The Great Recession and the Importance of Donation After Circulatory Determination of Death (DCDD)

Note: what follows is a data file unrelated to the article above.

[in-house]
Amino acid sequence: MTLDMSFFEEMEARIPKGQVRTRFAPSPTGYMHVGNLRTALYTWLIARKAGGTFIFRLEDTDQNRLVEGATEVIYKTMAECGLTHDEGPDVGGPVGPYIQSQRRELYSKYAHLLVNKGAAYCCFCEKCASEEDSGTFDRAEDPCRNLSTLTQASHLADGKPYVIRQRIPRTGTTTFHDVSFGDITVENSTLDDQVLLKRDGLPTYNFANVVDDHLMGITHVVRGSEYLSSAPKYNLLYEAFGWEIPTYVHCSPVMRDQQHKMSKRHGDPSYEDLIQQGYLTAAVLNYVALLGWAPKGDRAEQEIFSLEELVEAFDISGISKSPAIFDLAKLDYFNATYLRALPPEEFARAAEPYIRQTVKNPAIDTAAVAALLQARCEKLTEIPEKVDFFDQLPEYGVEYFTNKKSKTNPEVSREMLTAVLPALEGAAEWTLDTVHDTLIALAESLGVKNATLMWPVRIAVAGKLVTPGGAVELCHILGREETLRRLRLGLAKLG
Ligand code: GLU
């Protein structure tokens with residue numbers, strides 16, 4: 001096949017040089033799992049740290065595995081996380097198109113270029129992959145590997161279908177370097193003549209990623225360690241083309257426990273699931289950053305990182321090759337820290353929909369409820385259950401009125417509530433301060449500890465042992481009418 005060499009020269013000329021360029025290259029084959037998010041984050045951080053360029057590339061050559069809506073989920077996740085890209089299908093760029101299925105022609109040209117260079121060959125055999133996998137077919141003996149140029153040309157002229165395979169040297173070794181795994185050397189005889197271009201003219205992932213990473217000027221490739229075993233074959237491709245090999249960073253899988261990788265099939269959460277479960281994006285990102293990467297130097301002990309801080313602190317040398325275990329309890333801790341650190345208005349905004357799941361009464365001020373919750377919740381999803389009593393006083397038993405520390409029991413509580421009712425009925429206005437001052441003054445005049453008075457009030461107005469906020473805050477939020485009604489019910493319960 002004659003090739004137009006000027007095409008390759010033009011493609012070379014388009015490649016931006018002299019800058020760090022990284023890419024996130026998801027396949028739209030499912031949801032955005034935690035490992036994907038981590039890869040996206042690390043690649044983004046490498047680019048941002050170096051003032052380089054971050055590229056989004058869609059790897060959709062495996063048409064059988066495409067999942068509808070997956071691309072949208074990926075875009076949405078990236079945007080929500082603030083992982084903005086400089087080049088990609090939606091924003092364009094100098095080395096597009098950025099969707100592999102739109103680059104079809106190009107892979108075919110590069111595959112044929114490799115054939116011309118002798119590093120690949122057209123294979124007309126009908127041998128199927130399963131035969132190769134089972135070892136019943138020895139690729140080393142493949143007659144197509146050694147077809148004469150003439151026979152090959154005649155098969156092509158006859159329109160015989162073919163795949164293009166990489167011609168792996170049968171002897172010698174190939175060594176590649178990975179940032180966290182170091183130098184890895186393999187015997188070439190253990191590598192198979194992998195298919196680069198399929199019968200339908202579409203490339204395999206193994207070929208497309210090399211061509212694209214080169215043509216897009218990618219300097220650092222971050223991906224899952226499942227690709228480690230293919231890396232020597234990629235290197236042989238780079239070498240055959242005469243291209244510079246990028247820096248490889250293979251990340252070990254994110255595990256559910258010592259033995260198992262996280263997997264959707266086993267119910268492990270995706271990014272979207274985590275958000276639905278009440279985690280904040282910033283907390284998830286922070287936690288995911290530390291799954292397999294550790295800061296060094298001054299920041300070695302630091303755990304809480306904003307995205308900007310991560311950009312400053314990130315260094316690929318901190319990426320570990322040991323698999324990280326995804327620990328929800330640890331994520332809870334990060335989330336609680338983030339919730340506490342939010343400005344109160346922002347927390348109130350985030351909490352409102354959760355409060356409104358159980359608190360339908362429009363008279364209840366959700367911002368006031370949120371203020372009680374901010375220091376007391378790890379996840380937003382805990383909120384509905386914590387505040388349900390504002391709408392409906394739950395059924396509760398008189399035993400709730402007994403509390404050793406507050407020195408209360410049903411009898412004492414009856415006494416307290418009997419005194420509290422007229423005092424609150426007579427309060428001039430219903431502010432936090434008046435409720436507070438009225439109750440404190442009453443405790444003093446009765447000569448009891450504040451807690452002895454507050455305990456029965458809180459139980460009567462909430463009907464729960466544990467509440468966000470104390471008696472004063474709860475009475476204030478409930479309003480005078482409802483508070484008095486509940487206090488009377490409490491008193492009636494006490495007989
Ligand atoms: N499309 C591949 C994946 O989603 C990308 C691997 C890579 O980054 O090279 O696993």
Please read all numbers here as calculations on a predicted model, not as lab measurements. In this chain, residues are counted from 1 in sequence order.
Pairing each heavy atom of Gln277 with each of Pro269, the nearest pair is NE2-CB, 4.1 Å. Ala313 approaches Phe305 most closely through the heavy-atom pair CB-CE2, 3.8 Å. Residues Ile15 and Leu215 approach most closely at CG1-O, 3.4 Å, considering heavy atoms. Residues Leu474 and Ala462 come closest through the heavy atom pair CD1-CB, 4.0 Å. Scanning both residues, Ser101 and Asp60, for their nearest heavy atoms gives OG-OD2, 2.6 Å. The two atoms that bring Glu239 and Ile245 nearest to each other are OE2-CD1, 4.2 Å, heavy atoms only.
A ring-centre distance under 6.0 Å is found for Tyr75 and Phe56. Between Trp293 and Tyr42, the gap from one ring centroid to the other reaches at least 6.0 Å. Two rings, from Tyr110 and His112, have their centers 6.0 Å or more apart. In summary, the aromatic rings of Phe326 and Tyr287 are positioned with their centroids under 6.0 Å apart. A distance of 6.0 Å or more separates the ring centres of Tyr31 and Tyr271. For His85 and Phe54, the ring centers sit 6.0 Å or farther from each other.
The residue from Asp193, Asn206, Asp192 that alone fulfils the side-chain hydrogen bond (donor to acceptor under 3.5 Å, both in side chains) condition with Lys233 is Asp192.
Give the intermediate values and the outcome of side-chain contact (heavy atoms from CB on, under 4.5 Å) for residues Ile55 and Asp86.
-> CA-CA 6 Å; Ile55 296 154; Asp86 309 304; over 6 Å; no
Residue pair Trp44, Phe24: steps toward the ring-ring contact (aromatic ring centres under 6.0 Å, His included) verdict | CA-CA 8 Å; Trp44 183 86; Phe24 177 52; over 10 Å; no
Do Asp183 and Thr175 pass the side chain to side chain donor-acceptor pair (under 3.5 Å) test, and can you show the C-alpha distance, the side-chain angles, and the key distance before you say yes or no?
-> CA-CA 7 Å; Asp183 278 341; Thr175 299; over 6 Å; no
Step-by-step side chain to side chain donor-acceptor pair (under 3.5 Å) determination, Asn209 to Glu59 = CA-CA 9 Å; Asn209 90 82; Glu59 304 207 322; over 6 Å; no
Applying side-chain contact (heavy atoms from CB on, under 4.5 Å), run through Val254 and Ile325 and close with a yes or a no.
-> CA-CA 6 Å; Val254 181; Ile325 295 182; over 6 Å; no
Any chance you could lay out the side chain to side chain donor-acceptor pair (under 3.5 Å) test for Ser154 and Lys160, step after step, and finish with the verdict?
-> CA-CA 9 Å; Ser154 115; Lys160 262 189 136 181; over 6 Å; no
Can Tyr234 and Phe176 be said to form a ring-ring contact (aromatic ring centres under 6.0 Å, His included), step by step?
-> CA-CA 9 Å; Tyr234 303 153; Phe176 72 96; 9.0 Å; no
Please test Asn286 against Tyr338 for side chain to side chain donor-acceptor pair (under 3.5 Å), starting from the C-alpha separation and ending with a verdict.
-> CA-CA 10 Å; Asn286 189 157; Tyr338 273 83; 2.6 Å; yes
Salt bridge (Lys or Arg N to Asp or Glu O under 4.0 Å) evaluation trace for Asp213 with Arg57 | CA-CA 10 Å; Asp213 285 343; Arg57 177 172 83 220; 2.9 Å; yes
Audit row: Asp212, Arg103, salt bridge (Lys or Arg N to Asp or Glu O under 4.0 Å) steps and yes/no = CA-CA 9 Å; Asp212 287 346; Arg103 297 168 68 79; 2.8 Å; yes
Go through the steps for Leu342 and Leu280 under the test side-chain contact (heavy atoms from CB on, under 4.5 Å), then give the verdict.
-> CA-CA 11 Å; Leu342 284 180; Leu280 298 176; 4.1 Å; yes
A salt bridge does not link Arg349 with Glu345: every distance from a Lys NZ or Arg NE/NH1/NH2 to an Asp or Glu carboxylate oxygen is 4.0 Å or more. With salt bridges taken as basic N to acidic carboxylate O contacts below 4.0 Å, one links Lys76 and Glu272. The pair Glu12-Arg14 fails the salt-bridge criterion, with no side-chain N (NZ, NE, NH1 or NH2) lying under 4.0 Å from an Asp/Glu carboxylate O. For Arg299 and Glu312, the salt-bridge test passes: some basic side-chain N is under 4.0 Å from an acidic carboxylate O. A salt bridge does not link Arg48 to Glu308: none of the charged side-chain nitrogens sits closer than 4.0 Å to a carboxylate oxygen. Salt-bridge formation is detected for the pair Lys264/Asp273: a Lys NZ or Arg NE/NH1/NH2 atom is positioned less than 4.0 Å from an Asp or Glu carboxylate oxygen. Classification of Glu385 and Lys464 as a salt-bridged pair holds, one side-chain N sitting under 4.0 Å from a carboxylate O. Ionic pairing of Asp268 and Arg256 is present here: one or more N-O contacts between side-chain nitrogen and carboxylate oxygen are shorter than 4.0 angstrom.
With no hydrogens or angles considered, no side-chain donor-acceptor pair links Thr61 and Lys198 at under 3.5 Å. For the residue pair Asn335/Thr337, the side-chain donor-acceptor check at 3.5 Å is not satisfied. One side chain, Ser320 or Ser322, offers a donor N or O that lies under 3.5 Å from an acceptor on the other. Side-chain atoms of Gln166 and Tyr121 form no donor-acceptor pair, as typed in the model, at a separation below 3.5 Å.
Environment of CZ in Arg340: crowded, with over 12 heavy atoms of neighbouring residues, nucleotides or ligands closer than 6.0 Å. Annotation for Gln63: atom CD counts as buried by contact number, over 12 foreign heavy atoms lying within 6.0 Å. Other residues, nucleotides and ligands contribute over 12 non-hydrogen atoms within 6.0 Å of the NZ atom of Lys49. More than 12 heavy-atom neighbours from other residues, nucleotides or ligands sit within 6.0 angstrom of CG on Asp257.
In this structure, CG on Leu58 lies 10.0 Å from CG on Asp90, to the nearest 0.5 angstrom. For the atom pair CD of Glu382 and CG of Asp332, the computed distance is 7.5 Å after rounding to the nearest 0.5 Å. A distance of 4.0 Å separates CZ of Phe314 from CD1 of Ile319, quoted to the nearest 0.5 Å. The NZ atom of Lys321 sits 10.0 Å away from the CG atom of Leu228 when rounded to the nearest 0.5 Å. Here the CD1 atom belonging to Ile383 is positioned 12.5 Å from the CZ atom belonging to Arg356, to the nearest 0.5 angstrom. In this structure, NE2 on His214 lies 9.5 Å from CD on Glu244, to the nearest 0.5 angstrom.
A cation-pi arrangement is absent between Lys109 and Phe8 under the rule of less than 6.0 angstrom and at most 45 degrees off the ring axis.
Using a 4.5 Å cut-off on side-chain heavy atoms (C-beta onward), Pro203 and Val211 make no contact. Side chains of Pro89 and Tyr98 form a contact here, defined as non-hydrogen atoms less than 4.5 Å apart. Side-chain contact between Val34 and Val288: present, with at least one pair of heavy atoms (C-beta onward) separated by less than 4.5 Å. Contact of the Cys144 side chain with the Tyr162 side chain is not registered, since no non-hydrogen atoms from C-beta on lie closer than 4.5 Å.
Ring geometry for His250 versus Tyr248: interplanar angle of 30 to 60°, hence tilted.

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IntroductionReview of economic activity trends since 1988 indicates that fluctuations in the economy is associated with an impact on organ donation, specifically a decline in deceased brain dead (DBD) donors. Trending of the Gross Domestic Product (GDP) and changes in the DBD growth rate per million population (pmp) indicates the Great Recession of 2007-2009 with its associated slower recovery rate seems to have had an impact on donation. To ensure continued increases in organ donation, organ procurement organizations must pursue additional sources of deceased organs, e.g. from DCDD donors.MethodsReview of changes in the United States GDP growth rate and the corresponding growth rate of national DBD and DCDD donors pmp (per OPTN data) was done to determine if concurrent and subsequent growth rates were correlated with GDP fluctuations during the three recessions since 1988: July 1990-March 1991, March 2001-November 2001, and December 2007-June 2009.ResultsDuring and following each of the recessions prior to the “Great Recession” there was a decrease in the growth rate of DBD donors pmp. In the 1990–91 recession there was a -1.0% change in 1991 and -1.5% in 1992 in DBD donors pmp. These deficits were recovered by 1993. In the 2001 recession there was a -0.2% change with deficits recovered in 2002 (Figure 1).The “Great Recession” (Figures 2 and 3) noted by a much longer and slower recovery, resulted in a significant and sustained decrease in DBD donors pmp growth rates. For the years 2007-2009 the decreases were -2%, -3%, and -1.4%, respectively, with no immediate post-recession recovery. In fact, annual deficits continued until 2014, resulting in a cumulative loss between 2007-13 of -10% (Figure 2).In contrast, DCDD pmp growth rates during and following the “Great Recession” remained positive. Overall deceased donors (including DBD and DCDD) pmp growth rates for the years 2007-2009 were -.1%, -2.1% and -.5%, respectively, while DCDD pmp growth rates were 22.1%, 6.3% and 7.4% (Figure 3).ConclusionEconomic downturns have a negative association with organ donation. During and following each recession since 1988, DBD donors pmp has decreased. DBD donors pmp decreased during and after the Great Recession of 2007-2009 while DCDD donors pmp increased. Our observations show that steady increases in organs from DCDD donors mitigated the impact of economic fluctuations and should be a strong organ recovery focus. Without the positive DCDD impact, overall deceased organ donation would have more significantly declined during/after the Great Recession, leading to an even worse impact on number of organs transplanted and lives saved. Organ procurement organizations should continuously evaluate new practices to counter unpredictable, inevitable lulls in donation especially in times of economic turndown, as the donation recovery phase could be prolonged.

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